Torture is a war crime and a crime against humanity. International and U.S. law both prohibit torture, under any and all circumstances, without exception. Yet while the Bush-Cheney torture state was being built, people in this country were told that torture is necessary to keep Americans safe, and acceptance of this "excuse" has spread widely in society.
Under cover of Yoo's memos, thousands have been subjected to torture, tens of thousands incarcerated, tens of millions spied upon, and a million have died in U.S. imperialist wars. Without the provision of "legal cover", many of these crimes would not have been possible.
We must repudiate the legacy of the past ten years. If we fail to hold our government accountable for the creation of a national security state that utilizes torture and destruction of civil liberties to silence resistance, we are condoning these crimes.
Together we say NO! to Torture in our Name.
"I found a small number of men at a time of crisis, with the acceptance of a large portion of our population, undermined our laws. We mustn't let this be accepted as expedient and necessary. It's neither. It's not the America I took the oath to preserve. -- Glenn L. Carle
"No medical school would employ an incompetent physician to teach the practice of medicine; such a teacher would surely be thought a menace to the professional development of its students, and to their future patients as well. Surely it is remarkable that the legal academy could regard as something of a superstar an individual who proves unable to practice -- at least at an acceptable level -- the profession for which he is training his students. Professor Yoo's case is unusual in that he took the rare step of leaving the academic cocoon and venturing into a position where his professional deficiencies were likely to be exposed, but there is reason to believe that his lack of professional judgment is common among the scholars of his generation. All of this suggests that there is something deeply wrong with the state of legal education today. -- Chapman Law Professor Lawrence Rosenthal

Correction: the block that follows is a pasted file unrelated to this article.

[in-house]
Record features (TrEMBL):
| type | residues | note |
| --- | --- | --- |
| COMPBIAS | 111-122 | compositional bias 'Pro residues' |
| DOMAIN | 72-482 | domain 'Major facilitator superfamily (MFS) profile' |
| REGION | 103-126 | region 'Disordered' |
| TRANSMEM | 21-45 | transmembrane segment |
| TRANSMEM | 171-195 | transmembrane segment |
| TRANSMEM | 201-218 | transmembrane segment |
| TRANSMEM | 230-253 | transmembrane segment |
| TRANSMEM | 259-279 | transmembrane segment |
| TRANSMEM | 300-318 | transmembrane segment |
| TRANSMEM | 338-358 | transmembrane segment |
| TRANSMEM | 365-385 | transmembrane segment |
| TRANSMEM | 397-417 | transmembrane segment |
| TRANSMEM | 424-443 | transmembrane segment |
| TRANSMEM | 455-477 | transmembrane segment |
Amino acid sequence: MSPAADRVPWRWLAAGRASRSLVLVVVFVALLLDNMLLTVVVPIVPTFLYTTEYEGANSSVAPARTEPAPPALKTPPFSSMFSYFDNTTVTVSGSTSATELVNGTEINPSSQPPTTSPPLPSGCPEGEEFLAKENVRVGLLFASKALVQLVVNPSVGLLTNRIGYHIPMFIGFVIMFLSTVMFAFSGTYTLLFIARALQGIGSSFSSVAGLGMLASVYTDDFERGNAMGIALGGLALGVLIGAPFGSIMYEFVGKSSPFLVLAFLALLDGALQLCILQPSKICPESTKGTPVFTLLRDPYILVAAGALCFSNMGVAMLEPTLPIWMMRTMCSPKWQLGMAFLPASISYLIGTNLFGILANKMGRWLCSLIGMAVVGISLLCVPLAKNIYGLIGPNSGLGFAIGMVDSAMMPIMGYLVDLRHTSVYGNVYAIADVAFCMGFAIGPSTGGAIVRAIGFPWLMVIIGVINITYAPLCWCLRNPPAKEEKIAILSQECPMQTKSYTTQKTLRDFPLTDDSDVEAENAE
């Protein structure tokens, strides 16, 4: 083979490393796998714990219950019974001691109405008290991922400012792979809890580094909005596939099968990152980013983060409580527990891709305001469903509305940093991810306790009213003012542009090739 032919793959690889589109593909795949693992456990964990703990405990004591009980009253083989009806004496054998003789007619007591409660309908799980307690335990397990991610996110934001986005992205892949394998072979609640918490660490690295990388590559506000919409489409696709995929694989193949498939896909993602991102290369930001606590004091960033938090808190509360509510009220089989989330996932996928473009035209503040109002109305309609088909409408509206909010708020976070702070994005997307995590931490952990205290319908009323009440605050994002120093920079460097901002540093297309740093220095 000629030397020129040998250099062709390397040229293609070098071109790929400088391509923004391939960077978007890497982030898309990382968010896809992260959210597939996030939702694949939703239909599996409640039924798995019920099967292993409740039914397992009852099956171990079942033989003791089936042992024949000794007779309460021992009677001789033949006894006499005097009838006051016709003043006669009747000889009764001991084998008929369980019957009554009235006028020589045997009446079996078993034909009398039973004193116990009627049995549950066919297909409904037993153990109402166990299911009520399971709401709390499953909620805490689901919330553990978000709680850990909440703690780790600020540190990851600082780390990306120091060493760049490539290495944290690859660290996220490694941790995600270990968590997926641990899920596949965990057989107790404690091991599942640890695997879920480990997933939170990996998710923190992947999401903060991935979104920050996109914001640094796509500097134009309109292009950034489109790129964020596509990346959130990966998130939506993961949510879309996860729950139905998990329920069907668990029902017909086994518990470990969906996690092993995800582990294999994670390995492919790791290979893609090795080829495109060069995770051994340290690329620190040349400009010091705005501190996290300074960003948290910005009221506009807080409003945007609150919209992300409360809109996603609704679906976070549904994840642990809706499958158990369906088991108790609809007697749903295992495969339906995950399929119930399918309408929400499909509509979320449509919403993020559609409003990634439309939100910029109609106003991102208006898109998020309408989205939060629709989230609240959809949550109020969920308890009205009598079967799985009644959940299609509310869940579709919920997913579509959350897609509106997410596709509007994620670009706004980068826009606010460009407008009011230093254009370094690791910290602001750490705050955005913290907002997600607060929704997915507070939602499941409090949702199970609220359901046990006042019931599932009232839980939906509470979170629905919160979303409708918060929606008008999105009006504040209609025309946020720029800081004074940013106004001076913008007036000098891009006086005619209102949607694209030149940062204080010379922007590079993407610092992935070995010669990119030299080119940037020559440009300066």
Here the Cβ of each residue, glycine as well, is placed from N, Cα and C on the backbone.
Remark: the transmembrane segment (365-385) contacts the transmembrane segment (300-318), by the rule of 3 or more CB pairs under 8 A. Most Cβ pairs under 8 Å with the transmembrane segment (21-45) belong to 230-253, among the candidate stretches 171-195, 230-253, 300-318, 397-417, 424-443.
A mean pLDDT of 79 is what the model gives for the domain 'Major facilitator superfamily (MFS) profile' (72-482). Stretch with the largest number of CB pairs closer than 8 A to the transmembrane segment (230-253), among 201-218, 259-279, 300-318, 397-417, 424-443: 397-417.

A new report published by Truthout last week suggests that there may be much more to interrogation techniques and where they were used. This includes a little known testimony by former Guantanamo detainee Murat Kurnaz before the House Committee on Foreign Affairs, where he described not waterboarding, but a form of water treatment. Jeffrey Kaye, the Truthout contributor who authored the groundbreaking report, discusses:
Graner's attorney said piling naked prisoners into pyramids and leading them by a leash were acceptable methods of prisoner control. He compared this to pyramids made by cheerleaders at sports events and parents putting tethers on toddlers.
see TalkLeft report here
Dr Jose Quiroga, a cardiologist and the former Chilean president Salvador Allende's physician, was in the presidential palace at the time of the Allende's death during the US-orchestrated coup. He is a survivor of torture, including water boarding, while in detention under the Pinochet dictatorship. Dr Quiroga has devoted much of his life since then to the treatment and development of rehabilitation programs for torture victims. He is the vice-president of the International Rehabilitation Council for Torture victims and treasurer of the Physicians for Social Responsibility.
For a few weeks, the men of the Pelican Bay SHU ceased to be invisible. They forced the media and the public to bear witness to their torment, and see long-term solitary confinement for what it is: one of the most pressing domestic human rights issues of our time...NY Times Heeds a Cry from the Depths of Pelican Bay Prison